On the PC the code is just run on demand. The virtual machine on the pc was originally written just to make testing easier, the fact that it can be used to control connected stuff was an unplanned bonus! It was written to mimic the c code, so it looks a bit odd in c#.
It could be made far faster but the coms is so slow in comparison that speed is not a issue, this might change if I add access to pc features such as graphics and sound.

It is proving to be a good learning tool as my 7 year old son seems ok with the syntax and the results of code changes can be seen almost instantaneously on hitting the go button. I do need to improve the error reporting from the compiler though.

Alan
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Old May 07, 2013, 09:39 AM
Registered User
UK
Joined Mar 2007
343 Posts
I've just uploaded some improvements to the scripting.

Array and property syntax now works so setting a channel value is now cleaner

tx.TXInputs[2]=2000

string constants can be used and function overloading now works so
print(23) and print("hello") now works

I've added speech output on the pc ( at the demand of the project director, my son)

say("speed is")
say(123)

The rx now has some extra properties

rx.frameCounter - can be used as a clock
eg. rx.RXMixedDemands[5]=abs(rx.frameCounter%80-40)*40
will scan a servo from side to side

rx.missedFrames contains how many frames ago data was received so can be used to do clever failsafe code

pilot.vars[0..39] is a array that can be used to store stuff between frames

Quote:
Originally Posted by empeabee View Post
You have been a busy boy
Memories of a long ago Q&D script I wrote for debugging, which became a feature of the laser once I'd got it working,
It was written to allow detailed checks of asm code by simulating the hardware while running the code in a propriety PC based MPU simulator, in pseudo real time, Then more uses appeared !
Congratulations.

Mike
(Q&D == Quick and Dirty)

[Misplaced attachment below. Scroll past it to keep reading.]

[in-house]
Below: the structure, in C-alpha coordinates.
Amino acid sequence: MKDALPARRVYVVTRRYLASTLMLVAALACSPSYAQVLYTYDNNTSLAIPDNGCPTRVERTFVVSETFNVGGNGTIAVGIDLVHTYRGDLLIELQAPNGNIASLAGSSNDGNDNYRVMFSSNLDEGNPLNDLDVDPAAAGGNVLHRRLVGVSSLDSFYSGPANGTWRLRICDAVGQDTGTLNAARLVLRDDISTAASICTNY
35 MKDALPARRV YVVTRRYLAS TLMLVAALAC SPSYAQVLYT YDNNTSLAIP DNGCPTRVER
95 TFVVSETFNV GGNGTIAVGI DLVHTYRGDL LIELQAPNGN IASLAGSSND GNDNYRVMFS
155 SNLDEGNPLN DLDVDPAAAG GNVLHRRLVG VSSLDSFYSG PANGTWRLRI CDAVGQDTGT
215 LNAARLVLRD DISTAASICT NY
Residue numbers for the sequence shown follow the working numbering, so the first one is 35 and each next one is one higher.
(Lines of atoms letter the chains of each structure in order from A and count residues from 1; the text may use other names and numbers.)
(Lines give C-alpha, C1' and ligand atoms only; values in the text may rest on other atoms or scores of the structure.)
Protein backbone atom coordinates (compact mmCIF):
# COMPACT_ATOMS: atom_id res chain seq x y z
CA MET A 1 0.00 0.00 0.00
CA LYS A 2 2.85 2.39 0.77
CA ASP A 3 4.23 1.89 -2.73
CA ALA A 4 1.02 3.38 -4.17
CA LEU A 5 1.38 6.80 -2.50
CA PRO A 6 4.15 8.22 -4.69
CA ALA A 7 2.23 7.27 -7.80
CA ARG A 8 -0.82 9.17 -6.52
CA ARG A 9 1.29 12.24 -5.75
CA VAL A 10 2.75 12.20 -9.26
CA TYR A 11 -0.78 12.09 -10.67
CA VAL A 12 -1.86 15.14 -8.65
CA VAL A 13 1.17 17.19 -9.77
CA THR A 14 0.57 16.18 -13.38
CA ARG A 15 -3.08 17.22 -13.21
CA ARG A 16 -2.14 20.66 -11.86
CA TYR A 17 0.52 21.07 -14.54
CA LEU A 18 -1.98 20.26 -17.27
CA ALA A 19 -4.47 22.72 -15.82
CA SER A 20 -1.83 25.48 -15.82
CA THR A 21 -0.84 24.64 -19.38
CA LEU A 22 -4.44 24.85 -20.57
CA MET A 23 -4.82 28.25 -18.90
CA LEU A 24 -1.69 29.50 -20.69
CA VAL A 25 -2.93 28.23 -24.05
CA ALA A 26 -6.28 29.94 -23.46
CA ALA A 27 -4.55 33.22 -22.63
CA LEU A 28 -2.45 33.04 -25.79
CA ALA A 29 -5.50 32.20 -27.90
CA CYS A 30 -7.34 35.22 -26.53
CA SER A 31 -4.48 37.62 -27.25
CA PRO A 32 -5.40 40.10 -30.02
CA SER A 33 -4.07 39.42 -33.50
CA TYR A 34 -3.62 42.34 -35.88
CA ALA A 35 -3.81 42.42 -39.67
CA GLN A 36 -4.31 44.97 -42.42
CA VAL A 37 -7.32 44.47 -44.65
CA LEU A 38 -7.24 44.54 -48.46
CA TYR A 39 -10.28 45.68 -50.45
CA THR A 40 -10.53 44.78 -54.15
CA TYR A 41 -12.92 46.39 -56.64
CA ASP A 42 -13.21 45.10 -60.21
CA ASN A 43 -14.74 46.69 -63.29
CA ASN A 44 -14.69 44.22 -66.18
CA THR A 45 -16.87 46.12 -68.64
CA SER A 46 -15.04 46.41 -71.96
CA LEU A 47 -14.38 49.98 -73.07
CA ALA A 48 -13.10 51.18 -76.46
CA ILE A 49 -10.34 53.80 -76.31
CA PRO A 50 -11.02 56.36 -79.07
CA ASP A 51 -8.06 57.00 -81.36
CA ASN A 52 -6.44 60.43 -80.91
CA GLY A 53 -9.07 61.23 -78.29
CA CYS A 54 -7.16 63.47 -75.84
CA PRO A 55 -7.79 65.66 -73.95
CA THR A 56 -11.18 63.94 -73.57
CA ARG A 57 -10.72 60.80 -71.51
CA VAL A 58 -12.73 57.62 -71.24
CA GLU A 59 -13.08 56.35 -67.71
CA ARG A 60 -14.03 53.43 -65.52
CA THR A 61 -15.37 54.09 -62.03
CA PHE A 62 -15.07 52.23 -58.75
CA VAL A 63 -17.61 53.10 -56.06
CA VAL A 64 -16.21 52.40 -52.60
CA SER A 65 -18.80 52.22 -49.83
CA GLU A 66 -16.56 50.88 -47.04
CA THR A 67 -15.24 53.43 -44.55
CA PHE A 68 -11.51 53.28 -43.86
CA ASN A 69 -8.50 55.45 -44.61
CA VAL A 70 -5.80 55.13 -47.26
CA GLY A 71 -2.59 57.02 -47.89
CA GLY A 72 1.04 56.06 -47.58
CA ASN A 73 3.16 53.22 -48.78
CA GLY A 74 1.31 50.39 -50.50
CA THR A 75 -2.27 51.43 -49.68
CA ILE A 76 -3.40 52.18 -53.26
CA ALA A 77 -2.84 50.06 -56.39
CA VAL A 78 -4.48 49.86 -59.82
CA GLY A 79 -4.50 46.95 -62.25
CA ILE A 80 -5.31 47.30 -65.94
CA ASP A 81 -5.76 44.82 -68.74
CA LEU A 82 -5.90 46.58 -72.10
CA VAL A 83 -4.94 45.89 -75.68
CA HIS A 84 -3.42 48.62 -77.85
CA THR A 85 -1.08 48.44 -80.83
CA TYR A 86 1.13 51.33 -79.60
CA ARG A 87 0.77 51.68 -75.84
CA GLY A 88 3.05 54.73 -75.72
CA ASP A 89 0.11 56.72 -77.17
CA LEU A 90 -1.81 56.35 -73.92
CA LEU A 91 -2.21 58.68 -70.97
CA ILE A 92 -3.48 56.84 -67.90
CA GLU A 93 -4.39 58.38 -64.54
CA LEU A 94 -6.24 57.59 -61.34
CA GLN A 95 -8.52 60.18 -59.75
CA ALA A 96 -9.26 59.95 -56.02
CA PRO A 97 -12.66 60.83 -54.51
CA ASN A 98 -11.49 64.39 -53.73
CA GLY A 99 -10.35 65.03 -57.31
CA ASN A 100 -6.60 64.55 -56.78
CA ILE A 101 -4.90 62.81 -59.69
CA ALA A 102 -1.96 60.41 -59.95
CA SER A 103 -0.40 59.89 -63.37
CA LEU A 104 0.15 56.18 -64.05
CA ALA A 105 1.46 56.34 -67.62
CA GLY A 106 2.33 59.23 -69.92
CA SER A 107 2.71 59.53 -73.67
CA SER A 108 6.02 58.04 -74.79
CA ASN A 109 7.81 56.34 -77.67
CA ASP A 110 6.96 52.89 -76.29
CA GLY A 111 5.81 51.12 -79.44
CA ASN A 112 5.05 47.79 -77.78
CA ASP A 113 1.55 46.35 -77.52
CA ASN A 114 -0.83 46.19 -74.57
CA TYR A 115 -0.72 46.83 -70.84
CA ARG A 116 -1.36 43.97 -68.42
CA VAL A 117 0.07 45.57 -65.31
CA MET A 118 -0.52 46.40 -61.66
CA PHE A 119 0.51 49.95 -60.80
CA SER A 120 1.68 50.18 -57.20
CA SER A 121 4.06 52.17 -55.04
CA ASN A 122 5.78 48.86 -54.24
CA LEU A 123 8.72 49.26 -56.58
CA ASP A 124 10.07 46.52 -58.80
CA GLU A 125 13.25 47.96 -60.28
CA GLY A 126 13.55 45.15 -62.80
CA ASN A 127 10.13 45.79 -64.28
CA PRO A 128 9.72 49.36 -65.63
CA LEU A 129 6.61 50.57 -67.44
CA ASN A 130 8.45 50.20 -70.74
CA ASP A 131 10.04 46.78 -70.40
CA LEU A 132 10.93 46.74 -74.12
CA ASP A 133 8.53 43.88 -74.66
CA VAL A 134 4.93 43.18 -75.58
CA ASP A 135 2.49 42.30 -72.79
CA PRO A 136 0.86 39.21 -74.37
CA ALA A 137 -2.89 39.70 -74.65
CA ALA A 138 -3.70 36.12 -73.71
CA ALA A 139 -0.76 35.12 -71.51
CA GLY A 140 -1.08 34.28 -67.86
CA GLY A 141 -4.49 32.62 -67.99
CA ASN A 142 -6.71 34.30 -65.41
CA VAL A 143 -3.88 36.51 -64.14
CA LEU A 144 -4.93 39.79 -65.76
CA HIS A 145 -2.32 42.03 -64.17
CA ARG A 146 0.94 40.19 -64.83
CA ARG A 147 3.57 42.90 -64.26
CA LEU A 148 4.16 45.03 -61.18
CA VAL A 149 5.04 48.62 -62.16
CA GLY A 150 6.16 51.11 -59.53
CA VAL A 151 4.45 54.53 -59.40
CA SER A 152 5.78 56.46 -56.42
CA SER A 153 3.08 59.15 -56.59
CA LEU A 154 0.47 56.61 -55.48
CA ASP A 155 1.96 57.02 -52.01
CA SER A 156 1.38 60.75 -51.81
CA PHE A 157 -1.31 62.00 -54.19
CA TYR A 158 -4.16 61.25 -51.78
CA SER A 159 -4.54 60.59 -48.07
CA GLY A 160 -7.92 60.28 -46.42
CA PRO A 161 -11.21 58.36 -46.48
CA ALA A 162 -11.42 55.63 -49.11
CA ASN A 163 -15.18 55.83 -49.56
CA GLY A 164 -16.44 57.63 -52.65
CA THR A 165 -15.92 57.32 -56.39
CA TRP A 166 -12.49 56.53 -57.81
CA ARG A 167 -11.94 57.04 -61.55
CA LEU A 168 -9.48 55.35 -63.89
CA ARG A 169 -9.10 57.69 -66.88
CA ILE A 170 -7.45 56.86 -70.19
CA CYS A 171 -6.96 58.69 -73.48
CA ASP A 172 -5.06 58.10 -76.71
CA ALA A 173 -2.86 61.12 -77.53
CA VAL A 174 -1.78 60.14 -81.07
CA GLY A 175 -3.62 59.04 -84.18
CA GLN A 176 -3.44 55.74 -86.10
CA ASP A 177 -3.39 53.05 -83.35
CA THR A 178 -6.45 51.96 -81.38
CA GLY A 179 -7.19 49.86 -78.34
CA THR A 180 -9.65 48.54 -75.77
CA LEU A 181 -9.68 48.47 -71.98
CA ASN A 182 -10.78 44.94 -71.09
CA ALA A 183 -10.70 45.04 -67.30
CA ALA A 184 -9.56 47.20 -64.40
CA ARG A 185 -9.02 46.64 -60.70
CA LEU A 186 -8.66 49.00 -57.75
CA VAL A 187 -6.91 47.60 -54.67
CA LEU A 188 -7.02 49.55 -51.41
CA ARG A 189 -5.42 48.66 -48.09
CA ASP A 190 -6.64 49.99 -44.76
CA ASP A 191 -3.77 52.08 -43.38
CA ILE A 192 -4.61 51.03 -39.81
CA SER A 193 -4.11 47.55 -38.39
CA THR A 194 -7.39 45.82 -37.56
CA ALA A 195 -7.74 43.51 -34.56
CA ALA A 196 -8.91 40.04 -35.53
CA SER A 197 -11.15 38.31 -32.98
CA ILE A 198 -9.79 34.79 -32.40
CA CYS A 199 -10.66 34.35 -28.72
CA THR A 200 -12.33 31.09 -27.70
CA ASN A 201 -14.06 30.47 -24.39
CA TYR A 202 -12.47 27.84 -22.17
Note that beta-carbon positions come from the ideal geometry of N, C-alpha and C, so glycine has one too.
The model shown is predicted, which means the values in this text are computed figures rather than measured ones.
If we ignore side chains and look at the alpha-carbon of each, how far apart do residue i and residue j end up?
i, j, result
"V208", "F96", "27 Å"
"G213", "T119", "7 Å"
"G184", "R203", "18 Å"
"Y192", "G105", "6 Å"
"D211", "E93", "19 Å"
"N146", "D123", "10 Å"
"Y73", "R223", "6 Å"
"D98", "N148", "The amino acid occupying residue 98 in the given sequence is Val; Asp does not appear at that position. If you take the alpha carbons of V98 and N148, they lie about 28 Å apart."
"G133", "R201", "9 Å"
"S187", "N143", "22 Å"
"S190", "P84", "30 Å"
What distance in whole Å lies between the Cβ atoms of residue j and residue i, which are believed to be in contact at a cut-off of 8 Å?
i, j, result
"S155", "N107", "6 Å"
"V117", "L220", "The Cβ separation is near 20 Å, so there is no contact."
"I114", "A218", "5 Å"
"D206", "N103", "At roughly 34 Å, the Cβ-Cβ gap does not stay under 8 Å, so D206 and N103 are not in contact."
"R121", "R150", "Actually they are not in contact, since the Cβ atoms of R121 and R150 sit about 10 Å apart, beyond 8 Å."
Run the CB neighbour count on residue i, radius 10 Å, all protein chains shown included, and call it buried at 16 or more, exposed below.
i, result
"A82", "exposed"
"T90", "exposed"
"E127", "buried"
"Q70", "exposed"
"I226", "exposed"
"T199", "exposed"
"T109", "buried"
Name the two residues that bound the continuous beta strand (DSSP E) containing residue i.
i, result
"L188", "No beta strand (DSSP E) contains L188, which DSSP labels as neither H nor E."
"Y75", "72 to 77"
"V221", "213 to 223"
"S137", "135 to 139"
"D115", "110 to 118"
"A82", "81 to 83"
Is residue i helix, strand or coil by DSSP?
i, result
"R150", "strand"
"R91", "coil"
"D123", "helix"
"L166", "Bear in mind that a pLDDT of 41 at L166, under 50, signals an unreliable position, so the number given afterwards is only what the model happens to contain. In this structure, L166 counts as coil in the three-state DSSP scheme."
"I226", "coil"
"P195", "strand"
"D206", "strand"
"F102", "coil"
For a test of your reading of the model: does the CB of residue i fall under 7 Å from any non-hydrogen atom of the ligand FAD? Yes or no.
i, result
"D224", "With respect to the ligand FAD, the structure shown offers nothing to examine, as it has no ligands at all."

Thanks Mike, I find it very addictive and keep having to remind myself to keep it small and simple and not try and grow it into lua or python!

Alan
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Old May 07, 2013, 10:01 PM
Fidler & twidler
empeabee's Avatar
Cranfield U.K.
Joined Mar 2004
3,996 Posts
Aaaha - WIBNI rules ok
When someone says Wouldn't It Be Nice If it did this that and/or t'other, think about the minimum system requirements of Windows, which grew out of a DIY dos for an little known cludge up on a failed pocket calculator chip ((((two 4040's glued together --> 8080)*2 -> 8086)*2 -> 486)*2 -> pentium ) ad nausium onwards and upwards but don't look down, it will make you dizzy.
Mike
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Old Apr 03, 2014, 07:51 AM
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UK
Joined Mar 2007
343 Posts
Quadcopter

Hi all,
I've finally got around to writing some quadcopter code to run on my receiver and it flies! I have used one of the six channel receivers with a jn5148 module and a mpu-6050 gyro/accelerometer breakout board plugged into the i2c bus which luckily is available on two of the servo connectors. I've modified the servo output code so it will work up to 400hz. The ability to set and view rx variables over the air from a pc connected to the tx has proved very useful for testing and tweaking.

I've not flown a quadcopter before so don't really know how well it works compared to others but it seems very easy to fly.

I've just ordered a mpu9150 and altimeter and intend to add gps. with the intention of making it fully autonomous.

Does anyone have one of Graham's 8 channel pcbs as that should allow me to connect a serial gps, my six channel board has run out of connectors!

Alan
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Old Jun 27, 2014, 03:43 AM
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Joined Jun 2012
2 Posts
Google Code repository?

Hi Alan,
I have with excitement been following this project for about four years, but actually just recently tried putting it together! I made new PCB designs in KiCAD, based on some of the contributors drawings, and I am very happy to say that I got it working pretty painlessly.
Looking forward to playing with the modules trough the summer.